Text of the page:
The 24 hours that changed Tims’ Roll Up the Rim

RBI's Duncan Fulton explains how the QSR tweaked its biggest promotion in response to COVID-19.


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Tim Hortons first began considering a last-minute change to its annual Roll Up the Rim contest two weeks ago at a Restaurants Canada board meeting.

The national association’s representatives from Starbucks, McDonald’s, Yum! Brands, Recipe Unlimited and Pizza Pizza were also among the industry leaders discussing what their response would be to the spread of COVID-19, the virus that has swept across much of the globe, including Canada, sending the business world into a tailspin.

“There’s tons of competition in this industry, as there should be,” Duncan Fulton, chief corporate officer for Tims parent company Restaurant Brands International (who was present at the meeting) tells strategy. “There’s also certain moments where the industry looks to each other to say, ‘This is not a competitive moment; this is an industry moment to do the right thing.’”

Duncan FultonBut of the companies present at the meeting, the stakes were arguably even higher for Tims, which in two weeks’ time would launch one of its biggest promotions of the year – one that, as Fulton points out, has historically relied on having customers hand over cup tabs that have come in contact with their mouths. With 81 million Roll Up cups scheduled to enter circulation this year, and a roughly one-in-nine chance to win, the chain was bracing to see roughly nine million winning cups return to its restaurants during the contest period.

“If you worked at Tim Hortons or if your kids worked at Tim Hortons, you would want to know that Tim Hortons is a company that’s going to do the right thing, even if it’s difficult,” says Fulton.

On Friday, Tim Hortons joined Starbucks and Second Cup in announcing temporary measures in response to COVID-19: it would no longer distribute 1.8 million reusable cups ahead of Roll Up’s official launch. Less than 24 hours later, the company announced it would pull the paper cups portion of the contest (which it originally planned to distribute during the first two weeks) and would give away those prizes through a randomized cash-register draw. It also decided to stop fulfilling beverage orders in reusable cups.

While it was clear come Friday morning that modifying Roll the Up the Rim was necessary given the “current health environment,” Fulton says Tims knew there would be “unintended consequences,” adding that it had limited time to decide how to proceed.

It considered delaying the start date, but decided that would be “just one more change and one more complexity we can avoid,” Fulton says. It considered printing coupons to replace the outgoing paper cups. “Turns out it’s very difficult to print 80 million coupons and distribute them to 4,000 locations in four days.”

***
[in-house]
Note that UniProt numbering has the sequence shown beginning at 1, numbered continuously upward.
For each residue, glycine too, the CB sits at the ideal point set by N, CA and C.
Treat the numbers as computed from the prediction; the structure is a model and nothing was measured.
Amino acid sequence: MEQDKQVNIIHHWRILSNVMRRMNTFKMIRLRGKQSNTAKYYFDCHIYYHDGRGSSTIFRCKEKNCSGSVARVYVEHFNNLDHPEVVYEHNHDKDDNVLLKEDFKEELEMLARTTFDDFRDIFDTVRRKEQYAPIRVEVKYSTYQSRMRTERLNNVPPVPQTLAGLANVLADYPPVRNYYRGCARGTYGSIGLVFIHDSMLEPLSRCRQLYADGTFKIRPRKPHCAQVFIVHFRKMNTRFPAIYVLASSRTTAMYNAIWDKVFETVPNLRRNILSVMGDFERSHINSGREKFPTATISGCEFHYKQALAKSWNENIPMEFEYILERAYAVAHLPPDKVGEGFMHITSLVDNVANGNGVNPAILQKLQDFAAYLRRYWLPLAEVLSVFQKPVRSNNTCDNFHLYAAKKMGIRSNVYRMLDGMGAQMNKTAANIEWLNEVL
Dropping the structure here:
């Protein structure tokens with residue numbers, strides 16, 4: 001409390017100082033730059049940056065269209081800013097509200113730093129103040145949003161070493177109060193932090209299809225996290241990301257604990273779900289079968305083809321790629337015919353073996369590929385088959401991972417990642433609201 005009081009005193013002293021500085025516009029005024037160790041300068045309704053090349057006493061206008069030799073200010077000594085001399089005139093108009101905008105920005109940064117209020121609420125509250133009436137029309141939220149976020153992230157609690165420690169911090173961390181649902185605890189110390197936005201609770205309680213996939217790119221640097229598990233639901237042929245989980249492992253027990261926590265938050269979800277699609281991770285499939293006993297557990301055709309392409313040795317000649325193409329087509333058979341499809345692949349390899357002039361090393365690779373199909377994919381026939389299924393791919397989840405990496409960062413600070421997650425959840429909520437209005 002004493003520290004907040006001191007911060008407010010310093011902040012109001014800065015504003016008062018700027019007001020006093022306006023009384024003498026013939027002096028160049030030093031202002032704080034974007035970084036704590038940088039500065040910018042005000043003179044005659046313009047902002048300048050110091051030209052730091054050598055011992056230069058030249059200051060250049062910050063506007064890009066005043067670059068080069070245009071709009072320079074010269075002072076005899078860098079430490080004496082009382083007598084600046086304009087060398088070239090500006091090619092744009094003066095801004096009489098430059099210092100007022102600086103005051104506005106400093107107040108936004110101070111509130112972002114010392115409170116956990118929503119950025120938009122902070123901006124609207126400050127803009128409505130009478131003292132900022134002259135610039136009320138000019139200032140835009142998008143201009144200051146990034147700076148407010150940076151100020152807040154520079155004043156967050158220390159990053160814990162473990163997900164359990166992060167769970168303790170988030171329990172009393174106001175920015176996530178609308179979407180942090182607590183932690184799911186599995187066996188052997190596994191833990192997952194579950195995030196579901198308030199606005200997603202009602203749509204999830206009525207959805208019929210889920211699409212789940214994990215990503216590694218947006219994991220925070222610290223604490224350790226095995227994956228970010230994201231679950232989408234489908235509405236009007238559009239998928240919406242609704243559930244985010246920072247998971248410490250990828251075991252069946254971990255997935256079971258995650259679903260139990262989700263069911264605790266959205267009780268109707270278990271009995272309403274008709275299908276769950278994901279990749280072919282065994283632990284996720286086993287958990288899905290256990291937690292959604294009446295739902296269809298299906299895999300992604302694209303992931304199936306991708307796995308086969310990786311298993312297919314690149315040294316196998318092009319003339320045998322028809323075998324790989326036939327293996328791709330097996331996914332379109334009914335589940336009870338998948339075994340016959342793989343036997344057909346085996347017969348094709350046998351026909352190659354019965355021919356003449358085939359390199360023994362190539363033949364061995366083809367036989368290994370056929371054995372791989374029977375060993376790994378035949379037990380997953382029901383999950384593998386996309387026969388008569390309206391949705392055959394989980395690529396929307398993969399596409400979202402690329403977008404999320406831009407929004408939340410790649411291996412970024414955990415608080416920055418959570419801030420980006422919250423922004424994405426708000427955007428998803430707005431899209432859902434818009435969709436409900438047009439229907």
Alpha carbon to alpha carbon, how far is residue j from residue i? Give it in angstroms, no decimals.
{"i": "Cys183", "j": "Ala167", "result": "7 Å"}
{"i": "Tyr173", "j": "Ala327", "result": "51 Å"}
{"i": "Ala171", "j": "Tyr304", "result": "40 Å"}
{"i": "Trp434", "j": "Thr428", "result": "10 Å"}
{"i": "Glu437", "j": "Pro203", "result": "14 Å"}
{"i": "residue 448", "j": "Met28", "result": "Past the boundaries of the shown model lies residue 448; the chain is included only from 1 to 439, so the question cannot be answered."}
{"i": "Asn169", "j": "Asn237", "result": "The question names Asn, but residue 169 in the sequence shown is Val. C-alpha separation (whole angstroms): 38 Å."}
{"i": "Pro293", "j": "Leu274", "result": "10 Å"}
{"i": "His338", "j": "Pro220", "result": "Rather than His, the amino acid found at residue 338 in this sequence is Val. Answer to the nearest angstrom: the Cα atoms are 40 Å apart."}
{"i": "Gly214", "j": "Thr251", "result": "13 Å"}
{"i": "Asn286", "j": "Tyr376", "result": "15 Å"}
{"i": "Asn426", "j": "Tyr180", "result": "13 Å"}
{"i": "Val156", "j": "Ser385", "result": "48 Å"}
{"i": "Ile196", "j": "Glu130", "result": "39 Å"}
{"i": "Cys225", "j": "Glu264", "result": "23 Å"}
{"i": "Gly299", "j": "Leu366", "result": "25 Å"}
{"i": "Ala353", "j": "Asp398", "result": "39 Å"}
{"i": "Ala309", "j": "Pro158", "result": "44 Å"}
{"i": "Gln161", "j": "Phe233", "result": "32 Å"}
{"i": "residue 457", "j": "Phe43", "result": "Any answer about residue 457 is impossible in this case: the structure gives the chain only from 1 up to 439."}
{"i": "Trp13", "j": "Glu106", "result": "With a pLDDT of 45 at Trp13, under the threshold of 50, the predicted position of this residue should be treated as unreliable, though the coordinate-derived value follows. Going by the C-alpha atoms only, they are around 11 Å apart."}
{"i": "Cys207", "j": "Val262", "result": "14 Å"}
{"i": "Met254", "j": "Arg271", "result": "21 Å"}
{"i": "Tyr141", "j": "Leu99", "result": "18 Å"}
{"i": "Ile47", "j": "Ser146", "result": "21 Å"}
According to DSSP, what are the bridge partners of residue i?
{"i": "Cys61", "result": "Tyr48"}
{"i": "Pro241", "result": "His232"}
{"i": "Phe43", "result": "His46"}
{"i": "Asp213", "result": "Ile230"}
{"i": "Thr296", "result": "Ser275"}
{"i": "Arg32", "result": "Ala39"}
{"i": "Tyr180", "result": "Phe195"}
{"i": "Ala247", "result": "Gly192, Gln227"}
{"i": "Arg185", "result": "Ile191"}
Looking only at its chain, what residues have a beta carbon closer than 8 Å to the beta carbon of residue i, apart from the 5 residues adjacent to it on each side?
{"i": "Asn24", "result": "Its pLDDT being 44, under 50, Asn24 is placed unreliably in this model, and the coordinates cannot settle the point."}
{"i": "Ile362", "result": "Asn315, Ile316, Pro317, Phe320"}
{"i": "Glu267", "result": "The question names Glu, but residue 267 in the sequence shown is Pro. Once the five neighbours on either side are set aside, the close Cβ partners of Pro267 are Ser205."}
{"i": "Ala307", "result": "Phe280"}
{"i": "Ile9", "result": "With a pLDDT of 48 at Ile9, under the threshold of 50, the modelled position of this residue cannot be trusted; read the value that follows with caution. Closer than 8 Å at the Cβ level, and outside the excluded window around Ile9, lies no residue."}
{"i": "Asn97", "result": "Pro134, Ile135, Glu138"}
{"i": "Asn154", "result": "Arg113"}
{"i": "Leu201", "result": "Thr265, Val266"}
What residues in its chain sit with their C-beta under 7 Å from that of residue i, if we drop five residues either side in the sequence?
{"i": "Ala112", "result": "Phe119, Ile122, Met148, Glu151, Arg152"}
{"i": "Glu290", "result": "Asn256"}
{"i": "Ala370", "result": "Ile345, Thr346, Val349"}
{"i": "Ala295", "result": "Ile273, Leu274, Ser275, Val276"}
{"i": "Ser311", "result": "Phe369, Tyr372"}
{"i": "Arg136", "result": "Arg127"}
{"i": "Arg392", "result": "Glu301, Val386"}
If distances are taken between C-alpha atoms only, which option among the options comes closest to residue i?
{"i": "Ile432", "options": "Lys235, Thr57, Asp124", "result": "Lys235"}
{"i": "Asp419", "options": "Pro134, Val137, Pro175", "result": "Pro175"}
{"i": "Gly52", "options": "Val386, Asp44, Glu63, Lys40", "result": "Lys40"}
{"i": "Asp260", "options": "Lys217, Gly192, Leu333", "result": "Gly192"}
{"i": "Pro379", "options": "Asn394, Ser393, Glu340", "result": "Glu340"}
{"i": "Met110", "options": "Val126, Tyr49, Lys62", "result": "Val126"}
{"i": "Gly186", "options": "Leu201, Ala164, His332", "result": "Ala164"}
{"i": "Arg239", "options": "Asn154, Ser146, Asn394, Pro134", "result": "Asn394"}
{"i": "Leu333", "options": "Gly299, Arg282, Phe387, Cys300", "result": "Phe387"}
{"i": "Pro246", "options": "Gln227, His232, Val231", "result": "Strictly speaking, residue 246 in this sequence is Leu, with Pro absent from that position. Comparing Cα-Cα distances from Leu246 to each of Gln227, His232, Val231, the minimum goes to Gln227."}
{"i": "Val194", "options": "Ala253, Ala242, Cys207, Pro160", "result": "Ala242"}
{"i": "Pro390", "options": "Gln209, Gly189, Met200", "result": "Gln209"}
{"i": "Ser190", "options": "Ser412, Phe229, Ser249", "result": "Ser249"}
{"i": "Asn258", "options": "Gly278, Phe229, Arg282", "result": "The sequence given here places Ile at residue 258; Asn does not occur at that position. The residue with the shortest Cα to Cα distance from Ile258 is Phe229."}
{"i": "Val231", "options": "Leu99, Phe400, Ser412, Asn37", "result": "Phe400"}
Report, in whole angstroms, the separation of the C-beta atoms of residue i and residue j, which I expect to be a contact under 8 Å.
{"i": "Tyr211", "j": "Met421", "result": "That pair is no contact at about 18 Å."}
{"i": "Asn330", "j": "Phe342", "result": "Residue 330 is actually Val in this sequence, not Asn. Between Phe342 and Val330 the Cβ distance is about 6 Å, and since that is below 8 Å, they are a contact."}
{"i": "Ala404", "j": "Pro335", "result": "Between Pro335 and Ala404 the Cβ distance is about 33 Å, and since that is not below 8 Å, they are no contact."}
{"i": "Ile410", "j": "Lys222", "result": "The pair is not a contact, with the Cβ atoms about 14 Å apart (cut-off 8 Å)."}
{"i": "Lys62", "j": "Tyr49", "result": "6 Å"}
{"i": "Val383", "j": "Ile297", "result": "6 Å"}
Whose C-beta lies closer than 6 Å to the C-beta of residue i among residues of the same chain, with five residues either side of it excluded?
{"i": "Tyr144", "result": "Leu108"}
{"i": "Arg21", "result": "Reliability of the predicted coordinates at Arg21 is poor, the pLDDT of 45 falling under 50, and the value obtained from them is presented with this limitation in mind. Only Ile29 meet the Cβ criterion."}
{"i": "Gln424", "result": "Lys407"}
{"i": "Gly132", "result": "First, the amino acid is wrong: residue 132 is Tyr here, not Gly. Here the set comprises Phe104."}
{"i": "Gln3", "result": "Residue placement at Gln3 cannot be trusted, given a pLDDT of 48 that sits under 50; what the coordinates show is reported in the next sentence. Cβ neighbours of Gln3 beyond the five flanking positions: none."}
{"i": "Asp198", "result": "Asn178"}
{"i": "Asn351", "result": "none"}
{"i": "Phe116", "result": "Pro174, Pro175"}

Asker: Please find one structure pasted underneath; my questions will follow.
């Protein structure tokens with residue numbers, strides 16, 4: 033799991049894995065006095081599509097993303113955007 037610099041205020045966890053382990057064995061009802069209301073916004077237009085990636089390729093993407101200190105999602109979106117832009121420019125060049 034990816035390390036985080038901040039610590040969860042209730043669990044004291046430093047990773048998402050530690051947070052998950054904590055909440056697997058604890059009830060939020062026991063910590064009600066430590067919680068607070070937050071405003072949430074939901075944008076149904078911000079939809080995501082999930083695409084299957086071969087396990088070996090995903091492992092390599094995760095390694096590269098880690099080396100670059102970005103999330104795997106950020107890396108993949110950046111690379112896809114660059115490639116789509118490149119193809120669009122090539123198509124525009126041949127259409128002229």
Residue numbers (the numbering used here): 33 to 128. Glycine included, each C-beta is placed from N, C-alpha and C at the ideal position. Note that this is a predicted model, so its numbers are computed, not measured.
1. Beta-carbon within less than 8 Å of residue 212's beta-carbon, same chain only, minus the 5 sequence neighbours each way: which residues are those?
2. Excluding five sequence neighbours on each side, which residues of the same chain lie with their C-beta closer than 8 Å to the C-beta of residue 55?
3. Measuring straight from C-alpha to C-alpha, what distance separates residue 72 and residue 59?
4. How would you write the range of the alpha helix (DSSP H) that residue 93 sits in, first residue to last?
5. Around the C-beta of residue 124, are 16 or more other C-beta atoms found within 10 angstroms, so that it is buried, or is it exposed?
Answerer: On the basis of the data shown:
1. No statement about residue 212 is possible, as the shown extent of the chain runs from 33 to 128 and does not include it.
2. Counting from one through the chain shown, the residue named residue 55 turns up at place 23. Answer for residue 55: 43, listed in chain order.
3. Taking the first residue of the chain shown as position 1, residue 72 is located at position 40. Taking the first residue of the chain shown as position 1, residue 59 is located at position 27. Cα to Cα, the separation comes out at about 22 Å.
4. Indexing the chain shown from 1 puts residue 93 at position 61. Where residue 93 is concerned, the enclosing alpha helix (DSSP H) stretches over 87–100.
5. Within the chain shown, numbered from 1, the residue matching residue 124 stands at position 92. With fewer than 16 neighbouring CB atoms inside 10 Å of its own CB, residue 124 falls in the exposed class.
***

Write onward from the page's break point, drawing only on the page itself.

Any changes to the rules would require repurposing millions of dollars worth of marketing assets on the fly. Tims would also need to grapple with collecting and responsibly recycling 81 million cups – a clear communications challenge, given that it’s goal was to bring an environmental focus (by issuing reusable cups) to this year’s Roll Up the Rim contest in response to customer feedback.

Come Friday evening, Tims’ tech team had devised a solution that involved distributing $14 million dollars worth of free beverages through a randomized draw at the cash register (another $16 million in prizes, including cars, televisions and gift cards, will be given away through its app). “When we found the tech solution, we made the decision on the Friday after several hours of discussion,” says Fulton. “We spent overnight Friday and Saturday morning executing, and we announced it Saturday at noon.”

He concedes that making back-to-back announcements late in the week, each of which has earned significant media coverage, may make it more difficult for customers to understand what has changed about the contest, and why. “Anybody who’s ever been in marketing or communications has been trained to package your messages. But sometimes in an evolving situation, like the current public health environment, you just don’t have that luxury,” he says. “You need to make a series of decisions that are consistent and make sense.”

Still, Fulton remains optimistic that this year’s promotion will be a success. For the last 35 years, Tims didn’t have a clear view into who was winning what prizes on any given day, he says. But starting tomorrow, it will know exactly how many prizes have been awarded at the end of each day – information it plans to leverage in its daily marketing. Meanwhile, the marketing team has been pulling and replacing assets for the campaign ahead of tomorrow’s official launch. “It’s certainly more quick to get on radio and digital than it is to traffic new television. So we’ve been leaning into radio and digital to get that message out.”

Beyond Roll Up, Fulton says it’s more-or-less “business as usual” for Tims during this time. “We still have our marketing plan for the rest of the year, that hasn’t been altered. We still have the model promotions that we would run. This was a case of a large campaign that was due [to launch] that we decided to make an adjustment to.”